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[Texmacs-dev] experimental garbage collector patch
[Texmacs-dev] experimental garbage collector patch
Thu, 4 Mar 2004 17:20:58 +0100
For people which have been wondering what I have been doing for a week,
I have some new stuff: an experimental patch to use Hans Boehm & al.
conservative garbage collector in texmacs as a replacement for the
current pointer counting memory management scheme.
The expect result of the change is to get better performance for
operations which operate on highly localized memory areas, that is the
bulk of the day to do editing operations.
As one can expect, the patch is quite heavywheight but not very much
intrusive. It also includes a number of cleanups and fixes for bugs
which have been made apparent by the use of garbage collection.
The bad news is this patch cause texmacs to use a lot more memory and
The immediate issue is that the partial display invalidation code
relied on deterministic destruction of objects and this assumption is
broken by the garbage collectior. As as consequence, any modification to
the edit tree cause a full display invalidation.
There are other issues, especially with the "resource" system and many
opportunities to experiment. The full comment of the patch follows.
---- Patch comment ----------------------------------------
This patch allows building texmacs with libgc (Hans Boehm). When GC is
used, all reference counting is disabled.
Currently, GC does not seem to provide a significant gain in time
performance and can increase the memory consumption a lot. However,
there is still a lot of room for tuning and fixing internal problems.
The benchmark used during developement was starting up texmacs and
generating the full documentation. Since GC was expected to yield
performance gains in code paths exhibiting a high locality of memory
access (because of better cache behaviour and lesser gc times) this is
a very unfavorable test. Yet the CPU usage is only very slightly
increased by GC.
Increased memory usage may, or may not, be caused by the leaky nature
of conservative gc. It is natural for GC to require more memory than
pointer counting, because some slack is required to reduce the number
of collections, but it seems that texmacs _does_ leak a significant
(but bounded) amount of memory because of conservative collection.
More empirical evidence would be needed to show the leak stays
Currently two issues are clearly identified:
1. Partial display invalidation is broken.
The partial display invalidation feature relies on non-trivial
logic in the phrase_box_rep destructor. This has been worked
around by sending an invalidate_all when the edit tree is
Since destruction time is (generally) not deterministic with this
GC, this design cannot work in any sane solution way. Anyway,
destructors should _only_ be used to release resources, the
invalid region compution is just an awful plate of spoiled
spaghetti. Anyway, that's what I think.
2. The resource system is inefficient.
The use of the garbage collector has made it possible to release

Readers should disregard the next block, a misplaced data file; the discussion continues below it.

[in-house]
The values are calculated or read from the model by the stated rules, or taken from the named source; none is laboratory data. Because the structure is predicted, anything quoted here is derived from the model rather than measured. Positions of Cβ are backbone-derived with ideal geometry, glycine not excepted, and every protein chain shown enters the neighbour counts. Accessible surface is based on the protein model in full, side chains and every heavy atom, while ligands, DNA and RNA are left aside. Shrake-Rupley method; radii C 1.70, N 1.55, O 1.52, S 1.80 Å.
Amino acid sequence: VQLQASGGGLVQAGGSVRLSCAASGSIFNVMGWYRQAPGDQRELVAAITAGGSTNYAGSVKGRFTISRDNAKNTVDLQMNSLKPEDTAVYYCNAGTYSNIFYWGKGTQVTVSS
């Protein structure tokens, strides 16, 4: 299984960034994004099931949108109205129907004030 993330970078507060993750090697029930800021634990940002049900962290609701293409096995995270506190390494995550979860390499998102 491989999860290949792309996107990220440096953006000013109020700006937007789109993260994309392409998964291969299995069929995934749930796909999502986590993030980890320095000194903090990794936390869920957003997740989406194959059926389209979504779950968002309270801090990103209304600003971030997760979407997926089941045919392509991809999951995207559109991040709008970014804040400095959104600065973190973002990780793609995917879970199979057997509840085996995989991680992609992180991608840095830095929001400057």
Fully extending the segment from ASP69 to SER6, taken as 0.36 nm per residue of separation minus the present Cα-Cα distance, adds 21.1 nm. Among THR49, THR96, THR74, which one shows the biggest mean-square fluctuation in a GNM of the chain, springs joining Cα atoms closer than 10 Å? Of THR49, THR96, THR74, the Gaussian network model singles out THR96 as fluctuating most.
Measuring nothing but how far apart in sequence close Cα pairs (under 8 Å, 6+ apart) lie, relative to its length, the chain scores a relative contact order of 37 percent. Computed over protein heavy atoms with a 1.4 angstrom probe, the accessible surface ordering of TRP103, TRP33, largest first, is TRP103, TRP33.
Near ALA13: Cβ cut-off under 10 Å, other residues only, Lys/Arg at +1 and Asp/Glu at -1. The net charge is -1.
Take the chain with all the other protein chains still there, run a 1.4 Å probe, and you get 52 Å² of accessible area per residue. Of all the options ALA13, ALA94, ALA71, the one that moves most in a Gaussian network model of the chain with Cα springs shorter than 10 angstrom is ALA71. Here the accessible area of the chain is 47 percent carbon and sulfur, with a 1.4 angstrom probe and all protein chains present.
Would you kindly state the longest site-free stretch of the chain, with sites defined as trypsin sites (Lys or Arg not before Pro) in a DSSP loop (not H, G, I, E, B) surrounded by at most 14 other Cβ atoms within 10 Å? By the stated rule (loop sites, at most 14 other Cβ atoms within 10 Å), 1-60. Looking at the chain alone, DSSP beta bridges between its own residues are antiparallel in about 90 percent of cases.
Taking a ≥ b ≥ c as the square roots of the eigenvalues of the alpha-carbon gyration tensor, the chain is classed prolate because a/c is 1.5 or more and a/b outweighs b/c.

all inaccessible resources (save for the weak pointer in the
"instances" dictionnary). It obviously caused some previously
unused code paths to be used, since that required a fix in the
loading of virtual fonts. It also causes many resources to be
loaded multiple times when generating the full documentation.
It seems that the good performance of the pointer-counting
implementation relied on memory leaks...
There are open areas for experimentation:
-- Responsiveness benchmark
The "build full manual" benchmark is instructive and helps catch
a lot of bugs. However it gives not information on the
interactive behavior of texmacs, which is what users really see.
In order to assess the performance of GC compared to pointer
counting, we need benchmarks measuring the interactive reaction
time in realistic editing and browsing situations.
-- Remove uneeded indirections
The whole application use senseless indirection for all objects,
likely causing important memory locality issues. For example, in
most cases, it would make sense for objects to include bodies of
compound objects (arrays, hashmaps) instead of pointers, because
the compound object cannot have a significantly longer lifetime
than its including object.
Elimination of unedded indirection should focus on objects which
are created in great numbers: basic data structures and
This cleanup may, or may not, need to rely on GC.
-- Mutation hints for the collector
Use GC_change_stubborn and GC_end_stubborn_change when the
pointers included in an object are changed. That might improve
the collector performance.
-- Other design changes
TeXmacs was designed from the ground up for pointer counting.
This has some obvious consequences (already pointed out) but it
may include other designs which were required for pointer
counting but have a negative impact on GC performance.
When the outstanding issues have been fixed, and if further
experimentation demonstrates better performance of garbage collection,
texmacs could be modified to use a precise GC. Since implementing a
good GC is _really_ a non-trivial issue, a third party library should
The only precise garbage collector for C++ I have found:
David Allouche | GNU TeXmacs -- Writing is a pleasure
Free software engineer | http://www.texmacs.org
http://ddaa.net | http://savannah.gnu.org/projects/texmacs
address@hidden | address@hidden
TeXmacs is NOT a LaTeX front-end and is unrelated to emacs.
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